I’d had enough by this point and experience told me I should have just quietly listened and not risen to the bait, however I rarely learn from experience, so I said instead:
“Fuck you, you piece of shit!…talk to me like that again and I’ll rip your fucking face off…in fact fuck all of you…I’m gone from this shithole!!”

At which point I stood up and launched a metal trash can which was sitting nearby, with my foot, sending it crashing against the far wall, spilling its contents all over the place…and left the room.

I went upstairs to my bedroom and started to pack…pacing all the while…trying to get some perspective and calm down but I was just exhausted…I’d been detoxing for days and felt awful, I was furious but also frightened, lonely and miles from home; I missed my family and I was in a building full of enemies. I just didn’t have the energy required for what would be a real uphill battle over the next few days, in which I would have to apologise for what I had just done and then have to try and win over the hearts and minds of a bunch of people who had instantly decided to take a dislike to me, based on nothing but a bunch of their own fucking issues (I say this because none of them knew anything about me and you can’t hate someone you don’t know, it’s impossible, surely!), and frankly I couldn’t be fucking arsed to sit around for the next few weeks, whilst they slowly came to realise this themselves, just so I could have the satisfaction of saying “Told you so…you bunch of cunts!”

So I said “Fuck it!” and checked myself out of The Cedars and into the Palm Court Hotel, right on the seafront in Durban, which turned out to be a shithole, full of thieves and con artists (and that was just the staff!)…but…it was located in an area known as ‘The Point’ …which, I had been reliably informed,

was where all the drugs were.

…to be continued

NB…Don Tait was a lovely guy who seemed to emit a glow of real peace and serenity from his very core; I’m just sorry I didn’t get to spend a little more time with him, as I would have loved to have learned how to get just a little of that. He was battling cancer at the time and had serious nerve damage in his legs and feet due to his drinking, however, he still found time to meet with me, several times during my short time there. Thank you Don, I wish for you only good things.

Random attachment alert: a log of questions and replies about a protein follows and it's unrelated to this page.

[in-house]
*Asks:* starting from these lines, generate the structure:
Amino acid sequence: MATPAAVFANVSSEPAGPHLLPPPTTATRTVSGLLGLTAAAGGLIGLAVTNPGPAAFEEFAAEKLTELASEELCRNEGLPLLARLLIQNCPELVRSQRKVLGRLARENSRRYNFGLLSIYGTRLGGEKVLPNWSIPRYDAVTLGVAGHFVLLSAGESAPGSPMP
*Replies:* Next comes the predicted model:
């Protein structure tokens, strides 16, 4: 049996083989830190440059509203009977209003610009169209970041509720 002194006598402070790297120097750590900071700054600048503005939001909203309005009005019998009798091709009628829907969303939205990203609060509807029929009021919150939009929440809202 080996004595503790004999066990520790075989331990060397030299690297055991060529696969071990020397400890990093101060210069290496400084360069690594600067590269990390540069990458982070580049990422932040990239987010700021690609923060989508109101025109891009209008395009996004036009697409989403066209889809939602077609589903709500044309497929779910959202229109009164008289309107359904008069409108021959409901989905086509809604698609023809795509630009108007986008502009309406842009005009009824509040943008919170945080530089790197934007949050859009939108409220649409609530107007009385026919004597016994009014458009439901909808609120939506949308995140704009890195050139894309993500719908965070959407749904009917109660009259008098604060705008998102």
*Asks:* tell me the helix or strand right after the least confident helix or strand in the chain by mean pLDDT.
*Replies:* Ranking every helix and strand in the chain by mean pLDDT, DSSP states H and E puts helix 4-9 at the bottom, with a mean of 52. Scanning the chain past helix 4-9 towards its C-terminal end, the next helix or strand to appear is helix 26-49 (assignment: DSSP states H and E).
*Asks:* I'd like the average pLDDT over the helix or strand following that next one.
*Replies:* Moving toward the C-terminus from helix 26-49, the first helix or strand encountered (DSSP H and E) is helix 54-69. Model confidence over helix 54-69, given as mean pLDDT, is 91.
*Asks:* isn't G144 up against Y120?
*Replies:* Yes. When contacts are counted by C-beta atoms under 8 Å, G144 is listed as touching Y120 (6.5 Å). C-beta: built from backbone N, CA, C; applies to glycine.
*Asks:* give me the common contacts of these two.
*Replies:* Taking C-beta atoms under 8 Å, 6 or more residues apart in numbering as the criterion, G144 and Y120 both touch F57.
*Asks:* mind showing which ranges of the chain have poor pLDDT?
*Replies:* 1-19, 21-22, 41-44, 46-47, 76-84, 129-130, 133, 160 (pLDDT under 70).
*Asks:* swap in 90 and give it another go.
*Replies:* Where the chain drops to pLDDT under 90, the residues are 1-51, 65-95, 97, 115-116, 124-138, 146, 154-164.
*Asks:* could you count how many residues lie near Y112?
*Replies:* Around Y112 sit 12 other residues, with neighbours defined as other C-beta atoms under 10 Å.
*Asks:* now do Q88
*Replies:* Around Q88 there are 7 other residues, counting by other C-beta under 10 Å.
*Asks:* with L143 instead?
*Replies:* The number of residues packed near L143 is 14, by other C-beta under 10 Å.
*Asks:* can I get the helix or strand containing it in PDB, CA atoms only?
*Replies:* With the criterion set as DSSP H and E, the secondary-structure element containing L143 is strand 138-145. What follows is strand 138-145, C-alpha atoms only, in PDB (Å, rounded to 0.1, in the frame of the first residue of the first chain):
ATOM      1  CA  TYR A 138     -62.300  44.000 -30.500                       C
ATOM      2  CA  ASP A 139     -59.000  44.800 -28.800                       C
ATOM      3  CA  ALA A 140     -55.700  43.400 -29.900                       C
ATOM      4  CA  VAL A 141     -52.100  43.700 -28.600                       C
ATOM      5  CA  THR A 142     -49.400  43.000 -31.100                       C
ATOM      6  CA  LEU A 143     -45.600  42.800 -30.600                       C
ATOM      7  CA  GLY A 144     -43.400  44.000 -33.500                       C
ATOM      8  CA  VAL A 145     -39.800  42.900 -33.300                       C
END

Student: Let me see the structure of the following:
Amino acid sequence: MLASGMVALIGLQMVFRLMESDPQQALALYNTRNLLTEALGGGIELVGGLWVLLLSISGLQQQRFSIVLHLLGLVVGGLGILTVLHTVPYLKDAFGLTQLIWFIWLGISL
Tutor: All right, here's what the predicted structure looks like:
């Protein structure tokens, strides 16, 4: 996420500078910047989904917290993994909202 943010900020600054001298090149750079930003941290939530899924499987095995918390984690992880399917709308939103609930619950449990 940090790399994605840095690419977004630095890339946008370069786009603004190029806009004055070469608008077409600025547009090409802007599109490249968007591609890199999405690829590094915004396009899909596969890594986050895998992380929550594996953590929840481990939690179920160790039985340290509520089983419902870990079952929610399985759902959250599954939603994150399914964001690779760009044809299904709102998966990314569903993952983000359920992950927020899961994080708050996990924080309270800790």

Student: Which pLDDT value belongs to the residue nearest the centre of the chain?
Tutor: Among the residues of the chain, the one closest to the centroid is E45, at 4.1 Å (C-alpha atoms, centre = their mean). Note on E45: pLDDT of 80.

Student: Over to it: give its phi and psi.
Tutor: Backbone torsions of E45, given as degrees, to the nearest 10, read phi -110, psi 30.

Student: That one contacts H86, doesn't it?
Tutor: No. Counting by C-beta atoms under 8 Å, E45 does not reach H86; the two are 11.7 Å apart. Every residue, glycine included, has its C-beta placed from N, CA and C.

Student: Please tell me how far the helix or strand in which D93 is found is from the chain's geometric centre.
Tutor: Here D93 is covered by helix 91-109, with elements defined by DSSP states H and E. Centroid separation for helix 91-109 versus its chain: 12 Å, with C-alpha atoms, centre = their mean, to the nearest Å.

*Special note*

As you can see from the following press release from 2001, Don’s life has been interesting in the extreme:

‘Don Tait had fled to Costa Rica after assaulting his fiancee.

A prominent defence lawyer who fled to Costa Rica while facing charges was jailed for three months yesterday for twice assaulting his former fiancee and disobeying court orders.

Don Tait gave an eloquent apology in a Windsor, Ont. courtroom yesterday in his first public statement since returning drunk and broken from Costa Rica seven months ago.

Ontario Justice Michael O’Dea said: “The fact that Mr. Tait might drink again is still a real risk given the history and the early stage of his recovery.”

He decided the need to denounce and deter Tait’s behaviour outweighed the benefits of letting him continue his rehabilitation in the community

It is expected Tait, who turns 57 next week, will serve his time at the Windsor jail.’

 

Advertisements

2 Responses to “Recollections from a rehab – part six…”

  1. johnmiddle@sbcglobal.net Says:

    I’m there with you. Great narrative. On point and evocative without being florid or bloated. Nice work. Next…..

  2. Superb piece of writing. Please hurry with next instalment. 🙂

Leave a Reply

Fill in your details below or click an icon to log in:

WordPress.com Logo

You are commenting using your WordPress.com account. Log Out / Change )

Twitter picture

You are commenting using your Twitter account. Log Out / Change )

Facebook photo

You are commenting using your Facebook account. Log Out / Change )

Google+ photo

You are commenting using your Google+ account. Log Out / Change )

Connecting to %s

%d bloggers like this: